Smarter wiring up
Integrated health informatics offers rich potential for research in stratified medicine, with the right governance, anonymisation and controls. For example, better data linkages would enable researchers to establish associations between genotype and clinical phenotype. Talent in informatics and biostatistics in the UK must be built up to harness this potential. Government's recent commitment to link primary, secondary and tertiary electronic health records is encouraging in this regard.

Access to biological databases (eg –omics, imaging information) would similarly be helpful.  Further, a larger linking up of systems with pharmacies, such as a number of health systems in the US have done, would expedite use of stratified medicines in the real world.

The use of stratified medicines in the clinic is multidisciplinary, beyond a linear physician-patient relationship. Other experts in the healthcare chain are required to work with the clinician, such as experts in pathology and diagnostics. A good illustration of how this can work in practice has been demonstrated by INCa (institut national du cancer) in France, along with indicators of value derived for the health provider.

Improved understanding of biological pathways and biomarkers is crucial to enable stratification. The knowledge base underpinning this comes from scientific research in both academia and industry. Enhanced collaboration across sectors will be key to accelerating the development of stratified medicine. To this end, a number of multi-partner initiatives have been launched recently:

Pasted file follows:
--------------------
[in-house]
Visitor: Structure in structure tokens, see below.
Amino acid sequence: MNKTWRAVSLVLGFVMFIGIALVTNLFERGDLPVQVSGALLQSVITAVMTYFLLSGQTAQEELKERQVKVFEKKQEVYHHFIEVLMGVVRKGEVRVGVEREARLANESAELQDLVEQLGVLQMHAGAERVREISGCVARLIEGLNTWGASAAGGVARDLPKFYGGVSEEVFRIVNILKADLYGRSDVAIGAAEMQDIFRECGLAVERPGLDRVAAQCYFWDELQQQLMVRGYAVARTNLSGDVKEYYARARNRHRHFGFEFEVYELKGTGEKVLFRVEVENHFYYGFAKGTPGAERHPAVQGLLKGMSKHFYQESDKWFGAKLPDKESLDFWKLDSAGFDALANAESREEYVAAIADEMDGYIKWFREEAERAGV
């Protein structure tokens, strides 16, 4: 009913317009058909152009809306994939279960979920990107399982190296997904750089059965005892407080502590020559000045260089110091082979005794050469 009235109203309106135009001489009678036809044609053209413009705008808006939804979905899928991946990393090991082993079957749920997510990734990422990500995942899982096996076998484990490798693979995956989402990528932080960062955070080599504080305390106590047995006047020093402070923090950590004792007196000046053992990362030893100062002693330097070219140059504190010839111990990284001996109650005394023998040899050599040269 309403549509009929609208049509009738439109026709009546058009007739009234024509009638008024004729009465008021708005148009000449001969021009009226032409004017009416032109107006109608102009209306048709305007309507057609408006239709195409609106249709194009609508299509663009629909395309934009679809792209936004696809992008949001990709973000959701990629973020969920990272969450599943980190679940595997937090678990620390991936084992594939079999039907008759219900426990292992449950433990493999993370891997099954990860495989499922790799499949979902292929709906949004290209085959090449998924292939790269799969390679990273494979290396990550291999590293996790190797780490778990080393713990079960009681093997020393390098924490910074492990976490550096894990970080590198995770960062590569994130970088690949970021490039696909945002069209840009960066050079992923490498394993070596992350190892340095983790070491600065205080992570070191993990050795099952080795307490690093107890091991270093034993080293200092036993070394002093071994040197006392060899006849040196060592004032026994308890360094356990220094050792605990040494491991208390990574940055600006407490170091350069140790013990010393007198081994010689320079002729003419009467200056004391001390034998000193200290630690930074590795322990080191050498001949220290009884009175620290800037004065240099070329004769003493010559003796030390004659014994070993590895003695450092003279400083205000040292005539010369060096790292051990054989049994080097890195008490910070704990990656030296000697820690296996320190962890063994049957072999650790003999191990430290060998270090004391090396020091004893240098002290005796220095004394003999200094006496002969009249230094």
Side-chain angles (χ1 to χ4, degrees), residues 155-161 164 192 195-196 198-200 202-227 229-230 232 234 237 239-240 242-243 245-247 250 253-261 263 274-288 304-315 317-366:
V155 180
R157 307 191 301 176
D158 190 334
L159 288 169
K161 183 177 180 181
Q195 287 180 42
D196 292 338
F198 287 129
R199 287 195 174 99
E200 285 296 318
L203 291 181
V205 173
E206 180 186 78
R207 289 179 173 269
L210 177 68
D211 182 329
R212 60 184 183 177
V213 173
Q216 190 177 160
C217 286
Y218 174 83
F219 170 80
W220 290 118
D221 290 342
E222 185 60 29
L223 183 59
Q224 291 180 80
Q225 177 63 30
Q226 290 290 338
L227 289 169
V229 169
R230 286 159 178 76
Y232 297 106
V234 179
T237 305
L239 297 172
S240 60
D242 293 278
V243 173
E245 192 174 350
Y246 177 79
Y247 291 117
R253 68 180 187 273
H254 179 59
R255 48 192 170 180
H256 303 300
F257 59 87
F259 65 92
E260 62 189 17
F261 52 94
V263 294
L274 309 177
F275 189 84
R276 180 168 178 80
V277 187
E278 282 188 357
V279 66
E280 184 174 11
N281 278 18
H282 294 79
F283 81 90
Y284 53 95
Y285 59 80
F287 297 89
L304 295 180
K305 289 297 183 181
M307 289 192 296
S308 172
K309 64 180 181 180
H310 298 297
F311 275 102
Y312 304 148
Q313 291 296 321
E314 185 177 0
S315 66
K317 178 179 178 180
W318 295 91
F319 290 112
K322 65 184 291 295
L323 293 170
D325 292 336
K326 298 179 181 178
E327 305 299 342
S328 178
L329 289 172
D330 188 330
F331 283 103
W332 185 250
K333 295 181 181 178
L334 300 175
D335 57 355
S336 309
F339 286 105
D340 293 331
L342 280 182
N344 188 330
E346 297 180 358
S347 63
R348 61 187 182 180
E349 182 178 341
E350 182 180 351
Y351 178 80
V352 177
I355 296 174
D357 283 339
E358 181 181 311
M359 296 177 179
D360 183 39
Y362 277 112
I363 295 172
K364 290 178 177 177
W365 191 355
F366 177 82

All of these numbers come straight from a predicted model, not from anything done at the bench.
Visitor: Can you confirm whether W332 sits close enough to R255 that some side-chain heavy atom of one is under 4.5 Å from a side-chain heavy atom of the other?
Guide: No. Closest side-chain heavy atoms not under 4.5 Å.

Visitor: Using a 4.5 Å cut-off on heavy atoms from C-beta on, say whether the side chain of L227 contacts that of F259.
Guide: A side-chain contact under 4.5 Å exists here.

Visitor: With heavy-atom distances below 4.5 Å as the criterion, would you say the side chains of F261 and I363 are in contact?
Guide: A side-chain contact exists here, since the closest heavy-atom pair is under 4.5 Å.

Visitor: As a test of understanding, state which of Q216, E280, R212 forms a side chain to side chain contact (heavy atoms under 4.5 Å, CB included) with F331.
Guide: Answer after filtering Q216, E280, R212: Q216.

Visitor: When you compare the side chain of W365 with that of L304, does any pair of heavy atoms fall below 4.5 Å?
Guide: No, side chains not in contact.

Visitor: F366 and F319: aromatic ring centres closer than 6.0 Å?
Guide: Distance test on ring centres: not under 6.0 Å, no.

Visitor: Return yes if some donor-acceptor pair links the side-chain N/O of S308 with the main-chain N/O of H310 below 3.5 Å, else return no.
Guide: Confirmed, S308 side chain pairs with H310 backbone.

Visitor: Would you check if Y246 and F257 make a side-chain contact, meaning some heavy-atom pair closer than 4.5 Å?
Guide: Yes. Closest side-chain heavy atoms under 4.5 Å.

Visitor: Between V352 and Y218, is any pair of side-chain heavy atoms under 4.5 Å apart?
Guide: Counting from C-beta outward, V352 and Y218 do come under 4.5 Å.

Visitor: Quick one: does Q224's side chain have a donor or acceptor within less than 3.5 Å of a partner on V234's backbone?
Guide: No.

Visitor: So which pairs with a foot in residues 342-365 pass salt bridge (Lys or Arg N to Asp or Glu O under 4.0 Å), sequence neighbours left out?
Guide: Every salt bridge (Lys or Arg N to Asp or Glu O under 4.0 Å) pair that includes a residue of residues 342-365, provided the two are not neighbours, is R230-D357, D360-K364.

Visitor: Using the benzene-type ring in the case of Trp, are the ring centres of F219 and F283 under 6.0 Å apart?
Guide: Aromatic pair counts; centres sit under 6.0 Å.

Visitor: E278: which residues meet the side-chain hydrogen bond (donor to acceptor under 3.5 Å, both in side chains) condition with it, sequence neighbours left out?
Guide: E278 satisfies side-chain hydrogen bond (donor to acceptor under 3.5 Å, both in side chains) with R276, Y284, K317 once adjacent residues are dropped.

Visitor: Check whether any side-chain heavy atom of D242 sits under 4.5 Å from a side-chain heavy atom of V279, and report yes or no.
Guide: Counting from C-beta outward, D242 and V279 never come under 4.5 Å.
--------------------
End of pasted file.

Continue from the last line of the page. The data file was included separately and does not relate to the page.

• The 5-year £50M Stratified Medicine innovation platform coordinated by the Technology Strategy Board;
  • MRC-ABPI research consortia in respiratory and inflammatory joint disease, and in diabetes;
  • MRC £60M 4-year research initiative in stratified medicine;
  • Cancer Research UK Stratified Medicine initiative with AstraZeneca, Pfizer and TSB to lay foundations for standardised, high quality, cost-effective genetic testing of tumours. 

Regulatory implications
In line with stratified medicine, recruitment into clinical trials of the appropriate patient subpopulations most likely to respond to the treatment under investigation will involve enriched but smaller trial populations. While it is hoped that this would generate more efficient trials, it will nonetheless impact on trial design and statistical analysis. Regulatory (MHRA) data requirements for trial and licensing dossiers for more traditionally designed drugs will therefore need to be adjusted to be relevant to stratified medicine.